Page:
While this sort of thing just might catch a criminal or non-custodial parent trying to abscond with a child, it would be much more likely to fill police files with information about thousands of law-abiding citizens instead. It would also increase the likelihood that honest people with the same name as a suspected criminal would be detained and questioned by police.
The solicitor general's response to the privacy commissioner was to suggest that the privacy commissioner was overreacting. I want to read a comment made by the privacy commissioner in response to the solicitor general's comments. He said that since some terrorists did not have a criminal record and could be travelling under an alias or using forged documents, authorities needed access to all available intelligence to identify people who could be potentially violent or could have ties to terrorist groups.
In his letter yesterday, Mr. Radwanski, the privacy commissioner, said that these histrionics were deeply misleading since the sort of warrants covered by the bill could apply to more than 150 criminal code offences, including many such decidedly non-violent as fraudulently altering brands on cattle, taking possession of drift timber, unauthorized use of a computer, et cetera. He went on to say, more seriously, that he was not aware of any significant number of instances, if any at all, where wanted murderers, kidnappers or armed robbers had taken actions on board aircraft that posed a threat to security.
No one for a second has suggested that if we find a murderer or someone with a warrant out on them that they should not be arrested. However it is beyond comprehension to suggest that we should be able to check every public list of people to see if maybe there is a criminal among them. I mentioned this once before. Should the RCMP have access to the list of all hospital patients just in case they might find someone with an injury that they may be able to associate to something?
Those are the types of things that are at risk here. The freedom and democracy of all Canadians is what is at risk. Under no way, shape or form should innocent people be penalized more than the terrorists.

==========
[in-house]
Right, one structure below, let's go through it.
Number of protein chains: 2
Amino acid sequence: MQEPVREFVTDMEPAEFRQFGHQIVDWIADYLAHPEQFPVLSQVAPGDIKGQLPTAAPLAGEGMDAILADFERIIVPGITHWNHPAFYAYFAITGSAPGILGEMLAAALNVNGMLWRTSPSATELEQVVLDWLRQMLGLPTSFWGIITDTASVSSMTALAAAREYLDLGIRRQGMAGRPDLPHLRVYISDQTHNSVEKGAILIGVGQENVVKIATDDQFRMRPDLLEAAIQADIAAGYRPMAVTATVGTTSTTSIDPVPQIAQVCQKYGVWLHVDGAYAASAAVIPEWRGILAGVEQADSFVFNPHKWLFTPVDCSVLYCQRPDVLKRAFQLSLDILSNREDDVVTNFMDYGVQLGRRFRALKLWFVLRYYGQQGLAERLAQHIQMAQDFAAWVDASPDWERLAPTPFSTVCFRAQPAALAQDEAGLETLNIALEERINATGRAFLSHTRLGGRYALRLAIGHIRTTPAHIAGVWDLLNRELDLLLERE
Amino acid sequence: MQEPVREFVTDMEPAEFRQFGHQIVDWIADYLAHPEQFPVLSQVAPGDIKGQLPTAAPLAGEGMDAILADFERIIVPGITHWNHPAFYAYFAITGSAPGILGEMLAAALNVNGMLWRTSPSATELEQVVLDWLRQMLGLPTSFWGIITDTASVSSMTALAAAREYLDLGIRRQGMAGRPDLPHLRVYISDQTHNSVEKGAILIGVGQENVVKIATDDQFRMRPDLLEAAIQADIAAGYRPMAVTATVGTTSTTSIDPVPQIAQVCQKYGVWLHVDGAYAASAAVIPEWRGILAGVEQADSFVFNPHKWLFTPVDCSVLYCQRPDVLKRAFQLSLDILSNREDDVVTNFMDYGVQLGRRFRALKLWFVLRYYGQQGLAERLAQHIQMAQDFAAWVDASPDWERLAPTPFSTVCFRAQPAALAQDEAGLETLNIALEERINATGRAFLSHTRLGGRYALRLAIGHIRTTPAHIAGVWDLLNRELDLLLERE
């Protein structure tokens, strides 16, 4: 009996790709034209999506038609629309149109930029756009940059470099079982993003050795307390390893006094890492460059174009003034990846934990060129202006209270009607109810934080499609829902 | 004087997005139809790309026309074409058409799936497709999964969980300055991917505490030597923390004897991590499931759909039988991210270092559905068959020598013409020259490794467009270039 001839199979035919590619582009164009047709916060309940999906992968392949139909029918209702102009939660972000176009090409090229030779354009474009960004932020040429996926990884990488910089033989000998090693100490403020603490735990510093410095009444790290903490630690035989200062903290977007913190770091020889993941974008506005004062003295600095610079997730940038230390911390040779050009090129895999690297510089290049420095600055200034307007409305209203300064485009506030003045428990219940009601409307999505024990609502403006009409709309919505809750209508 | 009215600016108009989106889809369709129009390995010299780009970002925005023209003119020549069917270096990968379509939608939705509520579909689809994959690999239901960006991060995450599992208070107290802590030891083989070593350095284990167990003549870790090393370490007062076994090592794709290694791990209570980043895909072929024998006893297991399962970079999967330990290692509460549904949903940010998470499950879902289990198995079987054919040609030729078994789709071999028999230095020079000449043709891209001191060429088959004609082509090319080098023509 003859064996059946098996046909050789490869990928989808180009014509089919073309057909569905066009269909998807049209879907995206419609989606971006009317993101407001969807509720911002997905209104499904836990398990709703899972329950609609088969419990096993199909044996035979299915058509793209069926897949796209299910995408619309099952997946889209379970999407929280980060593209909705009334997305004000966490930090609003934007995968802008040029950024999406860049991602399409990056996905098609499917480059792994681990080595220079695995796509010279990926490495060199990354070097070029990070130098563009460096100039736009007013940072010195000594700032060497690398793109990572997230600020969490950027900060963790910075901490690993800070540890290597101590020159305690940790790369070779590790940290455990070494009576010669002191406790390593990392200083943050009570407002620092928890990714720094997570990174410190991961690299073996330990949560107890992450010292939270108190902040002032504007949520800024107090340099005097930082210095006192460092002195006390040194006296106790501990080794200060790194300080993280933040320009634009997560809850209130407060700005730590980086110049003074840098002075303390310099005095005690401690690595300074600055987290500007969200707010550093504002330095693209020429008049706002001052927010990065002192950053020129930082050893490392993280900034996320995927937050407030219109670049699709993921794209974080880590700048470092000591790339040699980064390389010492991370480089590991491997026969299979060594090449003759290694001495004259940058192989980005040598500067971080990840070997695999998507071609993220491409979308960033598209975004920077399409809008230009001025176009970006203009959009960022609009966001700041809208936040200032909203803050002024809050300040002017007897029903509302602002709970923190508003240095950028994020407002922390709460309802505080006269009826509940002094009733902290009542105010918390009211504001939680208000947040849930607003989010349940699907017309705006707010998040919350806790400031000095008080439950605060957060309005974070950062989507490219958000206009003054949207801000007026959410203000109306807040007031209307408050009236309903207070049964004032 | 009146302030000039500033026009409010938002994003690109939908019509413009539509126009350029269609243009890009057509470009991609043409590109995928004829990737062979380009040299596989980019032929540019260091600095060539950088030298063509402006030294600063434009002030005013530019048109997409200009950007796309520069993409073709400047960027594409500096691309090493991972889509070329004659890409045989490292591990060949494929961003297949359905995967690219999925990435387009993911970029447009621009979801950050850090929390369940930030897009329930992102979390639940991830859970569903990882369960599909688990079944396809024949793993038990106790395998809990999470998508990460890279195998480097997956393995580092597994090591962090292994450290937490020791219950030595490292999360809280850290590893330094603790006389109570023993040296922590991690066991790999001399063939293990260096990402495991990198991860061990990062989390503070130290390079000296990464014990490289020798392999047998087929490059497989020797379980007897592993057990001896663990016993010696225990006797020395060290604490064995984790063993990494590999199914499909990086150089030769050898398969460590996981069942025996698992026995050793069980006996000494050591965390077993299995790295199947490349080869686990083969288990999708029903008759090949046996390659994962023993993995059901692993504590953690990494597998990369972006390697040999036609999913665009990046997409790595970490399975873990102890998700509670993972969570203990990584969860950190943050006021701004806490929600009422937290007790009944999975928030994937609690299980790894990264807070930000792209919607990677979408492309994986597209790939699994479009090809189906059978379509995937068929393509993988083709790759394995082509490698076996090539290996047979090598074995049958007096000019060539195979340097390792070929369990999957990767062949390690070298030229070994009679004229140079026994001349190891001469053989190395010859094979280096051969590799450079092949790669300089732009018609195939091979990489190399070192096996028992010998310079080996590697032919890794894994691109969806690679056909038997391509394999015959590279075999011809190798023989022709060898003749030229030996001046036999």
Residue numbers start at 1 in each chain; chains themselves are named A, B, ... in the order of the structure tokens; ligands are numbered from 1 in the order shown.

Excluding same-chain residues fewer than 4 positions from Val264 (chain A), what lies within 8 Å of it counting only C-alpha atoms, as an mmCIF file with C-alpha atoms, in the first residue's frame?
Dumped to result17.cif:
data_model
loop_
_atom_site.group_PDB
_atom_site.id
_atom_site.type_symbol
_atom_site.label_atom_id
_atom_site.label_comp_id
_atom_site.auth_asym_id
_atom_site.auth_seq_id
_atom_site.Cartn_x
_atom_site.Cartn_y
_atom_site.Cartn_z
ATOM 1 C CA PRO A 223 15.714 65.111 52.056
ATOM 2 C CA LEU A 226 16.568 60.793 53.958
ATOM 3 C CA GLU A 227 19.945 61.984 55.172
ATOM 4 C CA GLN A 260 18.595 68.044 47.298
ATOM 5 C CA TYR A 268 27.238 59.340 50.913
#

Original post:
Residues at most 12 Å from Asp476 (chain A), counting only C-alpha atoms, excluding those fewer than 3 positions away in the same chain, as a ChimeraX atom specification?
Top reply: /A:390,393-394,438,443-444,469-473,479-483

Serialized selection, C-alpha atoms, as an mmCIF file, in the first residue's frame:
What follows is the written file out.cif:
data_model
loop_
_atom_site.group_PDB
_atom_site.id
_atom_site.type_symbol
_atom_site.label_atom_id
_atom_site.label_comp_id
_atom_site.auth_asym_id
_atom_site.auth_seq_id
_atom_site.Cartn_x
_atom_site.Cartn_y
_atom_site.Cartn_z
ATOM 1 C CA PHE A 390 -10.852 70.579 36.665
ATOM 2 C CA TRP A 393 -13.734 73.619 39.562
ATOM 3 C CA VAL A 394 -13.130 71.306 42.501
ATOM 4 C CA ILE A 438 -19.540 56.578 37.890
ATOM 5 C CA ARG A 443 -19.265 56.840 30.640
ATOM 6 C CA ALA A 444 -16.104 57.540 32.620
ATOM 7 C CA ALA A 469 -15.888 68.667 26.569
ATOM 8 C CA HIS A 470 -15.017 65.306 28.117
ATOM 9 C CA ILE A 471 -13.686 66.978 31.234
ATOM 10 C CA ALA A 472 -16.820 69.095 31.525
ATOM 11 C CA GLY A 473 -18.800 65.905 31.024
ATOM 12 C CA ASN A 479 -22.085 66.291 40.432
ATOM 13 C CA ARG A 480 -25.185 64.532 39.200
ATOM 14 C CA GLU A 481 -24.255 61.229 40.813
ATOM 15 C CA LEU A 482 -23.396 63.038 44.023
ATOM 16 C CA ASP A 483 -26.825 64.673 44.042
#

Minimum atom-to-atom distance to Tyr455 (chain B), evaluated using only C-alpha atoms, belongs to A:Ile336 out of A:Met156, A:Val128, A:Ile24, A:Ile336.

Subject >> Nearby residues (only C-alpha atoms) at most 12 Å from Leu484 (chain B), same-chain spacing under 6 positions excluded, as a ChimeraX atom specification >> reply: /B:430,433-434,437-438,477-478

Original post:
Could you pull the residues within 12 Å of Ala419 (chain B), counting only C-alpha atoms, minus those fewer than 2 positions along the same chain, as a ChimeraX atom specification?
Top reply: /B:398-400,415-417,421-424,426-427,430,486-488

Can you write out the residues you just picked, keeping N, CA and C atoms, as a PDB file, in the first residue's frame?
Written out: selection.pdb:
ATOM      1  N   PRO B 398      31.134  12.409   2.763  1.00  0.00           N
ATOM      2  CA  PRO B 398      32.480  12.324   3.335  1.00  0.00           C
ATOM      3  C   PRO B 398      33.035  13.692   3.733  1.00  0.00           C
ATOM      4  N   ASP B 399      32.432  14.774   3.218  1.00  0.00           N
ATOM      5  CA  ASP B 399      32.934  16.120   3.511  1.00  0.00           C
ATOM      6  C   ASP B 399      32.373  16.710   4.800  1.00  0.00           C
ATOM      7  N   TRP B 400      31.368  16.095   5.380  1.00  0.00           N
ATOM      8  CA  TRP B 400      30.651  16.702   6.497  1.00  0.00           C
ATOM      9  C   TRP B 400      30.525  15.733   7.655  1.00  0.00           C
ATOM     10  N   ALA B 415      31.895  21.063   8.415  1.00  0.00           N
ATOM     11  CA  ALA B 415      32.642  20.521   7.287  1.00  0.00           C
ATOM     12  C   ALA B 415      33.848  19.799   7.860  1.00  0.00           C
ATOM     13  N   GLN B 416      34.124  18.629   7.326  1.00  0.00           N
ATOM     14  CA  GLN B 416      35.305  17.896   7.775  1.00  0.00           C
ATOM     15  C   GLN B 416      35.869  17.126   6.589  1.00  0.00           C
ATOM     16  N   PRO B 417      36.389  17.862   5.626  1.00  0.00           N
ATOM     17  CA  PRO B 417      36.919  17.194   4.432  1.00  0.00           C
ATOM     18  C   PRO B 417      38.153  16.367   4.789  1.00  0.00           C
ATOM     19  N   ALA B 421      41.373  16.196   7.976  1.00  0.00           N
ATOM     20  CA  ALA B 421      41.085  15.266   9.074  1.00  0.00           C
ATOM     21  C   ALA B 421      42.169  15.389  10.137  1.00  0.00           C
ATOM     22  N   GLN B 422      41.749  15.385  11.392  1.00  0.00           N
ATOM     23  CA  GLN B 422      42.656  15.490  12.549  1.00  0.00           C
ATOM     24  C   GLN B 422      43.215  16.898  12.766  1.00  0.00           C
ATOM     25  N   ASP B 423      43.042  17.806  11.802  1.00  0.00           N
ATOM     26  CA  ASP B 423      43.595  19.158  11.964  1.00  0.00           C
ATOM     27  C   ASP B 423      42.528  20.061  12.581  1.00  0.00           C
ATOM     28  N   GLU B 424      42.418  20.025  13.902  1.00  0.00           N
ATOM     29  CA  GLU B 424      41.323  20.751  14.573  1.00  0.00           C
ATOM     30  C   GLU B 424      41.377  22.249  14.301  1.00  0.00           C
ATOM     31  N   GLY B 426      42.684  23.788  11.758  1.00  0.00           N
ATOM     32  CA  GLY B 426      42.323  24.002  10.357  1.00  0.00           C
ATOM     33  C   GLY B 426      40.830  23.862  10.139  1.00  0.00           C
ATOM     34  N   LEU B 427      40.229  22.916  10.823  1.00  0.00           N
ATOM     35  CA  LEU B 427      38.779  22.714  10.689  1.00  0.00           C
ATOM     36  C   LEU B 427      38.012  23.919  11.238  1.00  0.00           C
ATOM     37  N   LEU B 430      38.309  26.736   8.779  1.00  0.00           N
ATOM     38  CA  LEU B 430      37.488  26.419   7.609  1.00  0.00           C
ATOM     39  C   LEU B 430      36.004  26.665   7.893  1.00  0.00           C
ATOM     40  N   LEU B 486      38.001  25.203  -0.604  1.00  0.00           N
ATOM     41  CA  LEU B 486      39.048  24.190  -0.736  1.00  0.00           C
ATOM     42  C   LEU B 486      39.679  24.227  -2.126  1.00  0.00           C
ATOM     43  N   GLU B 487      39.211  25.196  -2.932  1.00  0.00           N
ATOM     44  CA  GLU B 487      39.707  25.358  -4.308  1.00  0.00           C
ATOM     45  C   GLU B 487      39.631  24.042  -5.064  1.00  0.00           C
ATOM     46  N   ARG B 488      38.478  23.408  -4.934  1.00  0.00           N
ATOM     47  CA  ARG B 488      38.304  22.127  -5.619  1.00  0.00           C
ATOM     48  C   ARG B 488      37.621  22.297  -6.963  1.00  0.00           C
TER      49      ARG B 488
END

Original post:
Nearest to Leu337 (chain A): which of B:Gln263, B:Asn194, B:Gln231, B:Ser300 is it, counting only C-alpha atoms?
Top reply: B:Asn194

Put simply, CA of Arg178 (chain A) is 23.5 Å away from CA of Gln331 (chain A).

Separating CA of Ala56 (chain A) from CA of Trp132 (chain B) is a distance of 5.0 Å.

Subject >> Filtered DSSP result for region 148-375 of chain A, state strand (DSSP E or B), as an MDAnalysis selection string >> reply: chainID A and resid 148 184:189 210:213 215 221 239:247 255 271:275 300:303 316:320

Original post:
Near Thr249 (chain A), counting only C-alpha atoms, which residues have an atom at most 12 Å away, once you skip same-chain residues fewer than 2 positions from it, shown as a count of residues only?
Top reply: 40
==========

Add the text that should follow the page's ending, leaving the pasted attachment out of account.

Numerous colleagues in the opposition have commented on the fact that we believe the situation on September 11 was handled with extreme professionalism and the areas of concern were addressed. It was not as if the ministers or the powers that be who were in place could not do what they needed to do after September 11. There was absolutely nothing to stop them. We have rules in place that give them the authority to check on criminals. We have rules in place to allow, on reasonable grounds, the issuance of warrants, searches or whatever needs to be done. No one would argue that.
What we have here before us is a bill that was intended quite frankly to pacify and somehow give a feeling that everything will be better, but it will not be better.
I am not convinced the legislation will do any good as far as security goes. Furthermore, as far as the sweeping powers that would be given to CSIS and the RCMP, the CSIS director himself has stated that he does not believe there would any more convictions under this legislation than there would have been otherwise.
Why on earth would we want to penalize innocent people and make them suffer, which would be the result if this legislation is passed, when ultimately we will not be able to convict the people we need to convict: the terrorists and the criminals? Under no circumstances should ordinary, innocent people be criminalized or put to any kind or harassment or intimidation as a result of the legislation.
All members of the House need to be greatly concerned about that. I am extremely pleased that a good number of opposition members have recognized that and have made a point of being here to speak to the issue.